NEWBURYPORT — It was a pleasant July weekend in 2012 when the HMS Bounty pulled into Newburyport Harbor. Thousands thronged its deck, eager to see what life was like aboard the handsome tall ship.
It was a landmark event for Newburyport, a shipbuilding city that had made its fame and fortune from ships similar to the Bounty. City leaders were enthusiastic about the excitement the replica 18th-century ship had generated. They talked about the possibility of bringing the Bounty and other sailing ships to the waterfront on a regular basis.
And for some, that made the shock of what was to come that much worse.
Newburyport would be one of the final ports of call for the 52-year-old ship.
Three months after it left Newburyport, it sank 123 miles off Cape Hatteras, N.C., during Hurricane Sandy. Three crew members were badly injured, one crew member drowned, and its captain was lost at sea.
On Monday the National Transportation Safety Board released its official report on the incident, citing Capt. Robin Walbridge, a stubborn and highly experienced seaman who often said he feared no storm, as largely to blame for the sinking. It also blamed poor maintenance, an inexperienced crew and a compromised ship.
Newburyporters who went aboard the ship during its stay here witnessed some of the issues that the NTSB discussed in its report. Some also interacted with the captain. They shared their impressions with The Daily News.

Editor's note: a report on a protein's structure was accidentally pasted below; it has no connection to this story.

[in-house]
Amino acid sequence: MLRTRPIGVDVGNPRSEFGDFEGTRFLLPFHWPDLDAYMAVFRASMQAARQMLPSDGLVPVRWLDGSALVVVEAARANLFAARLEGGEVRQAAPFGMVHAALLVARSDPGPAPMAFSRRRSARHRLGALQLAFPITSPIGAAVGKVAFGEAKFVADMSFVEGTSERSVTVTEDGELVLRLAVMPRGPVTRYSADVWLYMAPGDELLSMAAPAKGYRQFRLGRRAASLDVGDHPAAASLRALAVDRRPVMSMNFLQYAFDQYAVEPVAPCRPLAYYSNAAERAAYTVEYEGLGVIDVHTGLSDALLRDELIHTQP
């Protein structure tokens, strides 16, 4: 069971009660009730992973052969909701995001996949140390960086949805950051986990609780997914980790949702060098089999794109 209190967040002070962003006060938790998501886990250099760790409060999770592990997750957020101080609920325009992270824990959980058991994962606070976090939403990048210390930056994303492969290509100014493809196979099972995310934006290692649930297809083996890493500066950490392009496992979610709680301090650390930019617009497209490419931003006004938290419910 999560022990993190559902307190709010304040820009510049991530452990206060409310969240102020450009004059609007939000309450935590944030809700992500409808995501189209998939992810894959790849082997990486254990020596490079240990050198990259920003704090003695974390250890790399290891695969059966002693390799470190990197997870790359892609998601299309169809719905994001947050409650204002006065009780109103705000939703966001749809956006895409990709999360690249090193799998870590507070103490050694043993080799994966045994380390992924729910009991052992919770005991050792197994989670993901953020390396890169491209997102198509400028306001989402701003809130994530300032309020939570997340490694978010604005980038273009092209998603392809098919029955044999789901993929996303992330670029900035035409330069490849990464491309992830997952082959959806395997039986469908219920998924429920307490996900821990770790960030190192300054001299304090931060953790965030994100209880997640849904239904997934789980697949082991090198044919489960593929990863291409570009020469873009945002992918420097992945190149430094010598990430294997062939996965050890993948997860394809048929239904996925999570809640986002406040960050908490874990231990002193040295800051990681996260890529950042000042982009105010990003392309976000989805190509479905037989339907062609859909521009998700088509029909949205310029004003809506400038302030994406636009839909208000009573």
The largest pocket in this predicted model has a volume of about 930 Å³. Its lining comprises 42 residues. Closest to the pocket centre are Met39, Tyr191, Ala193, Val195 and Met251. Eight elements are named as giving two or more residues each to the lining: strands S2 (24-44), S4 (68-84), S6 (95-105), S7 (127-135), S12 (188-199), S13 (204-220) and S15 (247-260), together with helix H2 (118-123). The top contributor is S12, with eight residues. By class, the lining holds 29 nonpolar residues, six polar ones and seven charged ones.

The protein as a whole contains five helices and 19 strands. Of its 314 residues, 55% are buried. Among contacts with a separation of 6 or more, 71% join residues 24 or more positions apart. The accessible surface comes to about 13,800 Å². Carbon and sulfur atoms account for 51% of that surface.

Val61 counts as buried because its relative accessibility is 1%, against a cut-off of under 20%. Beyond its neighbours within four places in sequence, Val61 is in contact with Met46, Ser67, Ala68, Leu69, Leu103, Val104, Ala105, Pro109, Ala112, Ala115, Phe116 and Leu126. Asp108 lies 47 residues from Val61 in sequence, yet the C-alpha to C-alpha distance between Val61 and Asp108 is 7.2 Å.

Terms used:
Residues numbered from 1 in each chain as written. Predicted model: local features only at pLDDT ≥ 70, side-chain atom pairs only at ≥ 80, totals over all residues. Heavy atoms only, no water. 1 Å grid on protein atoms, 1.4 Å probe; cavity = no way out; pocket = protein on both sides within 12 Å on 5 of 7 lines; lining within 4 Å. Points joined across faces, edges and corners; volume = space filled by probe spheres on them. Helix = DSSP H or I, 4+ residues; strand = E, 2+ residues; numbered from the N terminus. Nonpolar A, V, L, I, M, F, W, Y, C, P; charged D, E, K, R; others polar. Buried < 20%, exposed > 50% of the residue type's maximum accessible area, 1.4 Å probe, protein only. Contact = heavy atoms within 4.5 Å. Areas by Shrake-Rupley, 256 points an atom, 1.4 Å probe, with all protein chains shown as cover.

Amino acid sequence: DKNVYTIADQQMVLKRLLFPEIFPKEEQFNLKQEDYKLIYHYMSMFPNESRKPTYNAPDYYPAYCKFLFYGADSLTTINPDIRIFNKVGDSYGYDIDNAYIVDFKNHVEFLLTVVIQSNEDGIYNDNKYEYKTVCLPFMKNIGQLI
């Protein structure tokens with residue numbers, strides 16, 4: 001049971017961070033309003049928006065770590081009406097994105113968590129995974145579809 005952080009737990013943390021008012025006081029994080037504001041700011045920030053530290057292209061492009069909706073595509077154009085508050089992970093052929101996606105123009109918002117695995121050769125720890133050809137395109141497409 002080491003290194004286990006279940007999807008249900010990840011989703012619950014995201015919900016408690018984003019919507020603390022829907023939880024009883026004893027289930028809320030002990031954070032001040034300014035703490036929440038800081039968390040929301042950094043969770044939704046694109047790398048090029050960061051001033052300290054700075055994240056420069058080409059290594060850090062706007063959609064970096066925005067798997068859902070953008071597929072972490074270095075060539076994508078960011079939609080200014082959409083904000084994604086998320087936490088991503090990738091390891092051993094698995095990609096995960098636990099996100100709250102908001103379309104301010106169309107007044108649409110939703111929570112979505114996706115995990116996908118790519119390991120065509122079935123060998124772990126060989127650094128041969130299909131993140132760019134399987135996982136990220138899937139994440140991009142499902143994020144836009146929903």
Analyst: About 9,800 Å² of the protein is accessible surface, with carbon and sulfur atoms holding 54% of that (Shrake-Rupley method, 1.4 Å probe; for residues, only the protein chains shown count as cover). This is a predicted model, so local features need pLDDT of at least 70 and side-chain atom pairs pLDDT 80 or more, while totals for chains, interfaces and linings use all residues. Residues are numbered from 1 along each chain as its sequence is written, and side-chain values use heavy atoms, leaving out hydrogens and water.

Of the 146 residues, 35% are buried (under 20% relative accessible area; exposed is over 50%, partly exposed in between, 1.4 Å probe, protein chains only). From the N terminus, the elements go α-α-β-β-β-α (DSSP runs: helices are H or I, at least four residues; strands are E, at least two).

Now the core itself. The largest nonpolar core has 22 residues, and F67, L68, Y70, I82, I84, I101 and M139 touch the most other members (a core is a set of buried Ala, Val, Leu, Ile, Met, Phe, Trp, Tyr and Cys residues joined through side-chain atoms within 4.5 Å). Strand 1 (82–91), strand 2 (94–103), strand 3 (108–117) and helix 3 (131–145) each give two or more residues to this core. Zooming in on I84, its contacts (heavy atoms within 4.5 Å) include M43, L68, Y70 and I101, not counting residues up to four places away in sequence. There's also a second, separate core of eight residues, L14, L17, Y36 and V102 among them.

The NTSB conclusions, released Monday, cited Walbridge, 63, a Vermont native with a lifetime of sailing experience, for his “reckless decision to sail the vessel into the well-forecast path of Hurricane Sandy.”
The report found that Walbridge, who had bragged to a Maine TV station two months earlier that he “chased hurricanes,” exposed the leaky, poorly maintained craft — a replica of an 18th-century British Admiralty sailing ship — to deadly risks by ignoring pleas not to sail into the path of the approaching storm. He “subjected the aging vessel and the inexperienced crew to conditions from which the vessel could not recover,” investigators concluded.
Walbridge and Claudene Christian, 42, who had volunteered to become a $100-a-week deckhand, died in the sinking. Christian’s body was found 10 hours after the ship sank and about eight miles away, still in a protective immersion suit. Fourteen crew members survived, but three were seriously injured. Walbridge’s body was never found.
Newburyport harbormaster Paul Hogg was one of several people who spoke to Walbridge and went aboard the ship during a VIP reception the night it pulled into port. Earlier in the day he had watched the Bounty pull up to the city’s downtown waterfront docks. He was impressed by Walbridge’s skill at handling the ship. The crew expertly used sails to bring the ship tight to the docks — no small feat, Hogg observed.